Last week I found a hair on my chin, it was not from the cat who had been sleeping on my clothes, it was firmly attached and sprouting in that random way that unwanted hairs have. It was a sign that I had to think about something I have been repressing ever since I saw Moana last year.
Have I become the village crazy lady?
When and how did this happen?
Up until I found that rogue hair I was always the hero in my own story. I was the central figure, strong and courageous (well at least in my head if not in fact), full of ideas and knowledge. I was bursting to lead a small group of loyal friends and eager to help people and change the world. But the solid and loyal group never eventuated, the big heroic opportunity never arrived, that one big life-changing adventure never beckoned. Life happened step by step, small detail by small detail. Small tales of following God and trying not to lose my edginess in the swirls of limiting ordinariness.
Then I woke up with a hair on my chin and a sore hip and realised that I was no longer the main protagonist in the story, my spunk, eagerness and relevance dissolved by the sleeplessness and pressures of motherhood. I realised that I had to accept that I was no longer the centre of the narrative, it was no longer my role to take on the world and return triumphant. When I started my career in young adult ministry I thought it was going to keep me young, but as the years have passed I am beginning to think that perhaps it just makes me more aware of my increasing age.
Thinking back I hold some grief, mourning for that young protagonist who has been left in the dust of past fights.
The hero days may be over, but a new position awaits, there is a new role forming. Over the last two years of thinking and blogging and building bread and pomegranates (and watching kid’s movies) I have realised that every village, every church, every hero needs a village crazy lady that stands alongside them. The village crazy lady has a special role to fulfil and plays just as valuable a part in the story as the hero. I am especially inspired by Gramma Tala from Moana, she has a joy and acceptance of her role, she relishes the freedom it gives her, and is confident in knowing her part in the story. When Moana asks Gramma Tala “Why are you acting weird? Gramma Tala replies “I am the village crazy lady, that’s my job”.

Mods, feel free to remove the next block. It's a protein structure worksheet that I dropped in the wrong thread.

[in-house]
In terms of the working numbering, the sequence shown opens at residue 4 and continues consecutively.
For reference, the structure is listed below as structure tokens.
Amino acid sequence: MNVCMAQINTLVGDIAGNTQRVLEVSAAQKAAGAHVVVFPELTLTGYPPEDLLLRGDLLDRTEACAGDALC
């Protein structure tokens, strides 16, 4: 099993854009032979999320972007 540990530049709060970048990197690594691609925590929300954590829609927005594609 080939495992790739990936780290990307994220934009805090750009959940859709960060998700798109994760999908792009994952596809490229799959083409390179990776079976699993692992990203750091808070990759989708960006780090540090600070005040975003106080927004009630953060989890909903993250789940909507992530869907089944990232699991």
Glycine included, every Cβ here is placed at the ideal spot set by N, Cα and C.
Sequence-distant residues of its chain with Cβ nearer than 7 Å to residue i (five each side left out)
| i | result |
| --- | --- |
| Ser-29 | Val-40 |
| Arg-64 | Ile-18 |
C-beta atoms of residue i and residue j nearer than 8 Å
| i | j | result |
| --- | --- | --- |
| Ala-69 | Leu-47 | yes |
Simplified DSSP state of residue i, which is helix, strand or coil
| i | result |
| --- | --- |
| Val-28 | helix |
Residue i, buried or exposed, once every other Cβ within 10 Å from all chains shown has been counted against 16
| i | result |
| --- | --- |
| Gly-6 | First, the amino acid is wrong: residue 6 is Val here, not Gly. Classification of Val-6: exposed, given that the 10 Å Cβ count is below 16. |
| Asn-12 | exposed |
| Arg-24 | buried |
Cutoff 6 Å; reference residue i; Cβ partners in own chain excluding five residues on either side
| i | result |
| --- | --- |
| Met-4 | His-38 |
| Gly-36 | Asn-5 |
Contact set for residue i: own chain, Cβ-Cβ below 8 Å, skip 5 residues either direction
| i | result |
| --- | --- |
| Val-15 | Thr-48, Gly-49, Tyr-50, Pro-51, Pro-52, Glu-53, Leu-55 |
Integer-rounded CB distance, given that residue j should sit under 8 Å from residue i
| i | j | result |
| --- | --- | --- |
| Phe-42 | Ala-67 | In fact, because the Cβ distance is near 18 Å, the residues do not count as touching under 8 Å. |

The crazy lady of the village as Gramma Tala names herself, or the church eccentric lady (EL), holds herself a bit apart from the main village or church. Her behaviour is not as constrained by ‘shoulds’ and ‘oughts’ and ‘but we have always done it that ways’. Rather these women tend to follow their inner values and learnings, and foster their connection with God independently to the group-think that often occurs in communities or churches. The EL has a deep understanding of what is actually important rather than getting swept up in trends or the politics and traditions of their churches. Often as the narrative unfolds we learn that although the village crazy lady or church eccentric lady is not totally accepted in her church where she stays on the periphery, she is not actually just crazy or eccentric. She has, in fact, more understanding of what is going on, than those fully involved, she sees the bigger picture and can contribute wisdom into the situation. Her position on the edge gives her a different view, one where she can observe carefully and reflect to a greater degree than if fully involved.
She is a wise woman that the church would do well to listen to and value.